Commission wants to force Coronado students to go to Liberty High School

Victor Joecks

Last week, we told you about how Coronado High School has too many students and Liberty High School doesn't have enough. Since the Henderson schools are within five miles each other, the easy solution for the Attendance Zone Advisory Commission was to change the zoning. Their proposal is here.

While it's easy for commission members to draw lines on a map and solve the numbers problem, what's not easy to do—read impossible to do—is make a change that benefits all the children who are forced to switch schools.

Consider Annette and Tom Westerfield's son, who would be forced to go to Liberty under the proposed plan.


Annette and Tom Westerfield discussed some of the hardships their family would face were they forced to move to Liberty. Their oldest son has been in band and football for the past two years. In band, he has worked to raise money which would go toward any of his band needs, and his personal account totals $500. If he transferred, that money would revert back to Coronado's general band fund and he would have to start over, she said.

Plus, he'd have to start over with a different band and a different team, which might affect scholarship opportunities for the aspiring USC student, Annette Westerfield said.

"We're counting on football or band scholarships for college," she said.

Now Liberty's principal, Rosalind Gibson, is promoting her school to try and win parents and students over.


Liberty High School's principal is defending the quality of her school in the wake of protests by Anthem parents that their children may be moved from Coronado High to Liberty.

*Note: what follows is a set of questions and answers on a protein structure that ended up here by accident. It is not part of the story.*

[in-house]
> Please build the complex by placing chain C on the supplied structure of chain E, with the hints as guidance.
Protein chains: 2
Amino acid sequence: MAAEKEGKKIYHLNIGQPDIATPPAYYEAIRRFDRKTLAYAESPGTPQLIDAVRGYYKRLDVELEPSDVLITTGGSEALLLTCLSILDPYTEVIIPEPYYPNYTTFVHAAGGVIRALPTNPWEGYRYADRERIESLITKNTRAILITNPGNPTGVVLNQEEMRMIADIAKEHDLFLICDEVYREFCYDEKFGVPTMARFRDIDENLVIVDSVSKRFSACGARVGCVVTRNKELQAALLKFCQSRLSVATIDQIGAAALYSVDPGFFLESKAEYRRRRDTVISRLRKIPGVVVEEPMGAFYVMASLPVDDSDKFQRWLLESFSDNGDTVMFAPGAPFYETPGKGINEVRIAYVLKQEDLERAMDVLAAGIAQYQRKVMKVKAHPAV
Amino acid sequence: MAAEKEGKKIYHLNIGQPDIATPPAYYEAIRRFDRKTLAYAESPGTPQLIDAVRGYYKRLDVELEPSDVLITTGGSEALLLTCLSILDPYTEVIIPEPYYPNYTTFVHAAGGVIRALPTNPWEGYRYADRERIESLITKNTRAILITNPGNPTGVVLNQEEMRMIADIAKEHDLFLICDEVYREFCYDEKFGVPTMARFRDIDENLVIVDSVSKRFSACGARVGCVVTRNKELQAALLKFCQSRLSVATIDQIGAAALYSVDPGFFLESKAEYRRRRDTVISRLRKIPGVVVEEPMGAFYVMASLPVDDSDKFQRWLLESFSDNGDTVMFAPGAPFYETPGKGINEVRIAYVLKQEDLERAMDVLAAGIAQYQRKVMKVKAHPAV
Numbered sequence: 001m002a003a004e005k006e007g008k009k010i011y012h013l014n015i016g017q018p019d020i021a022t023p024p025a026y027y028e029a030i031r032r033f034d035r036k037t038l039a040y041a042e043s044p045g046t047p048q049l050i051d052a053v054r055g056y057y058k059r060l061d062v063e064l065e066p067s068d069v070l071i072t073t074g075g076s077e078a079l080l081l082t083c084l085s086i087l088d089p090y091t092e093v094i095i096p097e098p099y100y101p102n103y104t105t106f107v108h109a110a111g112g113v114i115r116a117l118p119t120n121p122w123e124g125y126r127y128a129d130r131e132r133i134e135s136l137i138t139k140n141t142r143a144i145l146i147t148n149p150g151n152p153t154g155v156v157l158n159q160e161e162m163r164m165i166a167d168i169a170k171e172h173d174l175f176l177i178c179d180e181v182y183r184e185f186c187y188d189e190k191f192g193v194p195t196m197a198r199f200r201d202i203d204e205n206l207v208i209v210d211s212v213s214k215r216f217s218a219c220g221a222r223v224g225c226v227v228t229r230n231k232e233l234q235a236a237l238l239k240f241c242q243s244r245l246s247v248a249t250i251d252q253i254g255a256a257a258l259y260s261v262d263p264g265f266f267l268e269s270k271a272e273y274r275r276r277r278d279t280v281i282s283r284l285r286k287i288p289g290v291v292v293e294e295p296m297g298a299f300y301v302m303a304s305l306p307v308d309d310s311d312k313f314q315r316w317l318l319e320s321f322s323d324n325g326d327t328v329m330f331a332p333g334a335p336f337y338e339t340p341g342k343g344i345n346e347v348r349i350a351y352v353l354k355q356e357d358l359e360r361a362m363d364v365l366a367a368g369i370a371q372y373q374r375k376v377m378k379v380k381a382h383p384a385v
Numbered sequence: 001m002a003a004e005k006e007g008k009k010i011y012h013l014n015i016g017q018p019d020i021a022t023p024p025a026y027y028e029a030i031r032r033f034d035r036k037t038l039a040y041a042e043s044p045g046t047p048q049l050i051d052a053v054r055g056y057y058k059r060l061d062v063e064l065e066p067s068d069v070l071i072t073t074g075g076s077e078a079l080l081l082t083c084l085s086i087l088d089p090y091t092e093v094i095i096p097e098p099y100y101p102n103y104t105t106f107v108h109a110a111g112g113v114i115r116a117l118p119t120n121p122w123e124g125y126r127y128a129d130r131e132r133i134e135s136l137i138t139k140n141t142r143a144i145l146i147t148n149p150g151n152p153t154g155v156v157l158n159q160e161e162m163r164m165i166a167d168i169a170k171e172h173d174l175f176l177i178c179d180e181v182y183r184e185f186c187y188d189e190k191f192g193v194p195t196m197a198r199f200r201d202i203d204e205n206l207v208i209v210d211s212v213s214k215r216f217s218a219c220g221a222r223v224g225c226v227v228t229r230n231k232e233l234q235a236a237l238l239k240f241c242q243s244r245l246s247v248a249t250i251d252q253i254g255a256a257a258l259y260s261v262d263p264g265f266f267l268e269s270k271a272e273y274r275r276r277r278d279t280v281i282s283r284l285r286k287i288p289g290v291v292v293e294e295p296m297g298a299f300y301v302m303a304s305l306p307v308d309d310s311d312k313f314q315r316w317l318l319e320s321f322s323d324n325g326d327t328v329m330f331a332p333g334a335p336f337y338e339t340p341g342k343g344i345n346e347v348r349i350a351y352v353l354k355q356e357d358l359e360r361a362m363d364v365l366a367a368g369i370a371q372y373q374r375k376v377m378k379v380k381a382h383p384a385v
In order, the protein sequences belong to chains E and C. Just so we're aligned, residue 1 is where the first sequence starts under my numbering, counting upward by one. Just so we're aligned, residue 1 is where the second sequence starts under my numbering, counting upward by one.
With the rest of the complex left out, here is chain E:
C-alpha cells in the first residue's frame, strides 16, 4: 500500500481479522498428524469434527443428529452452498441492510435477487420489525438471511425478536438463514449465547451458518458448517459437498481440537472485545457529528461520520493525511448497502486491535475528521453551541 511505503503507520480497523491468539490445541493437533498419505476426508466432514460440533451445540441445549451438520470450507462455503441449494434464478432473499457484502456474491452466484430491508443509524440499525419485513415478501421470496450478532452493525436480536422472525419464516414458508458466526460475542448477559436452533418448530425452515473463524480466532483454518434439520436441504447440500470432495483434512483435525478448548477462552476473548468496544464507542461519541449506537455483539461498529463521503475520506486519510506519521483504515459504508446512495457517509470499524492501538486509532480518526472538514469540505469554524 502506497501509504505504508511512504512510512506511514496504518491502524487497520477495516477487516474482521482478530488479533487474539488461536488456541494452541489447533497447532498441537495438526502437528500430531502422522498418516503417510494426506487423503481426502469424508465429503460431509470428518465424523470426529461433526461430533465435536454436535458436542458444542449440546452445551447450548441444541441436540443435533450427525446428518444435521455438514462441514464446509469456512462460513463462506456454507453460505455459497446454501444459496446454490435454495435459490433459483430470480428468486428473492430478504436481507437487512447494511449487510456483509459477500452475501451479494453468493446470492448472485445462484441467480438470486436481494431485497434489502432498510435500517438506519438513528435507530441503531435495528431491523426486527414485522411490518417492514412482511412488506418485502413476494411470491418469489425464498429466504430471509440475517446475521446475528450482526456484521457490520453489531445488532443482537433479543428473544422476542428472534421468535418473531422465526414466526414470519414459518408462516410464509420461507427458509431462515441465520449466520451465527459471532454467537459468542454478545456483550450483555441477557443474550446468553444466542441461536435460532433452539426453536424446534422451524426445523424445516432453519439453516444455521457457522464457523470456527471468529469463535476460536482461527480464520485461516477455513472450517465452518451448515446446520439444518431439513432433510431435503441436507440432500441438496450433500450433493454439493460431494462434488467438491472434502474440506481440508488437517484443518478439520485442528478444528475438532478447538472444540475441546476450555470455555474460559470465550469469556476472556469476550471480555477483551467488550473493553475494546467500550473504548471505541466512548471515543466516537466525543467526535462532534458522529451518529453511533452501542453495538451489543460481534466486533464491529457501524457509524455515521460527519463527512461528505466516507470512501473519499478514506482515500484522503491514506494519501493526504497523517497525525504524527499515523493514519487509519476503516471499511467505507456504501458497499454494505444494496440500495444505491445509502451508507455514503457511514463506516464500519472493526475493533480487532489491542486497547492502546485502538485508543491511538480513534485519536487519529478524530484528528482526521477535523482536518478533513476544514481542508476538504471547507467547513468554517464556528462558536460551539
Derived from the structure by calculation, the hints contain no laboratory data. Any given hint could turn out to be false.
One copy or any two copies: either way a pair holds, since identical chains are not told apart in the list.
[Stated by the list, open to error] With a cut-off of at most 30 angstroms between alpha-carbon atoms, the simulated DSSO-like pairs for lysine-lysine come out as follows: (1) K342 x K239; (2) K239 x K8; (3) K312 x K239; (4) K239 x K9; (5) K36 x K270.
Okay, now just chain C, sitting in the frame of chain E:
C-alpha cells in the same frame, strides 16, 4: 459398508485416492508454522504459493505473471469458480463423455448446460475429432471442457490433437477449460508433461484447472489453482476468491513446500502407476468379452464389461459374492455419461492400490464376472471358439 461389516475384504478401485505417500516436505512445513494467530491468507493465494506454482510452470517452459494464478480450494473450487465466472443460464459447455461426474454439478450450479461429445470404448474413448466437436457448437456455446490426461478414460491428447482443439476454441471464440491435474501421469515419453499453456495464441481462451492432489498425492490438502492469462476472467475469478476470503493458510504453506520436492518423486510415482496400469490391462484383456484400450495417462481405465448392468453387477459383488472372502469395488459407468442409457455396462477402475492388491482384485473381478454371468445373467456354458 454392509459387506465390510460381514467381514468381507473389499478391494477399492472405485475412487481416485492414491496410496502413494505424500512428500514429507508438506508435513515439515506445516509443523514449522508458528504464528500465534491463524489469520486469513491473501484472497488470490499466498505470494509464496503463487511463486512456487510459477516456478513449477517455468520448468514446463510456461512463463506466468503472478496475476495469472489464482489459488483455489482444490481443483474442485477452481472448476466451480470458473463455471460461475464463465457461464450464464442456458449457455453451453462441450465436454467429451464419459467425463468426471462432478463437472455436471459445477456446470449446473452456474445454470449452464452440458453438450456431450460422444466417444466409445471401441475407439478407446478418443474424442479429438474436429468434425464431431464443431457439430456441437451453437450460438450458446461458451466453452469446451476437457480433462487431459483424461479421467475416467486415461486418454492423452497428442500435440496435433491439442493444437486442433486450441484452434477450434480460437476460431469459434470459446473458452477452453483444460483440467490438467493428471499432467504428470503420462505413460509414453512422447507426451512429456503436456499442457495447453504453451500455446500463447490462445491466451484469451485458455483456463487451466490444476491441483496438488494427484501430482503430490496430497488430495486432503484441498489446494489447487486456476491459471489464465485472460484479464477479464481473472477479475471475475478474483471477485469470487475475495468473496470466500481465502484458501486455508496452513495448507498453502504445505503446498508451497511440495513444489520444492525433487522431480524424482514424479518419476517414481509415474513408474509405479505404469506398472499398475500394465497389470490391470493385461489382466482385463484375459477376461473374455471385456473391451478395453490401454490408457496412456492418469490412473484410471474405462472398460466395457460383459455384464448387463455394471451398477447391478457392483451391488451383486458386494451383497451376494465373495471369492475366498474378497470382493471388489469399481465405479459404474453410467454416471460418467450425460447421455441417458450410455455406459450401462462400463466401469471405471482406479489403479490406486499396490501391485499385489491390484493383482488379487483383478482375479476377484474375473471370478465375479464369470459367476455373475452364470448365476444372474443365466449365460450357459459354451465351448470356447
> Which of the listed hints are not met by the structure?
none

"We have something for everyone," Principal Rosalind Gibson said before rattling off some of her proudest moments—from both boys and girls basketball teams that have made the regional playoffs to an award-winning dance program and the involvement of student volunteers.


While it makes sense for Gibson to sell her school, what doesn't make sense is forcing students and parents who don't want to go to Liberty to transfer there solely based on where they live. No doubt Liberty's dance program and less crowded environment would appeal to some students and their parents. Maybe there are also some students at Coronado who have fallen in with the wrong crowd or struggled to make friends and could use a fresh start at a new school.


This is the double tragedy that is happening at Liberty and Coronado. Not only are students who love Liberty likely to be forced to leave and go to a school they don't want to attend, but students who may have benefitted by transferring to Liberty are denied that opportunity because they don't live in the right neighborhood.


It doesn't have to be like this. As Randi Weingarten, the president of the American Federation for Teachers, recently wrote:


Should fate, as determined by a student's Zip code, dictate how much algebra he or she is taught? Such a system isn't practical: Modern American society is highly mobile.


No, location is a horrible factor in determining where a student should attend school, whether determined by zip code or arbitrary lines. 


Parents and students should decide what school is right for them, rather than schools deciding what students they will serve based on where their parents live.

And yes, Nevada could implement a system of school choice that would solve the problem at Coronado and Liberty and save the state over $1 billion in the next 10 years.

That would be a win for parents, students, Liberty and Coronado high schools, and taxpayers.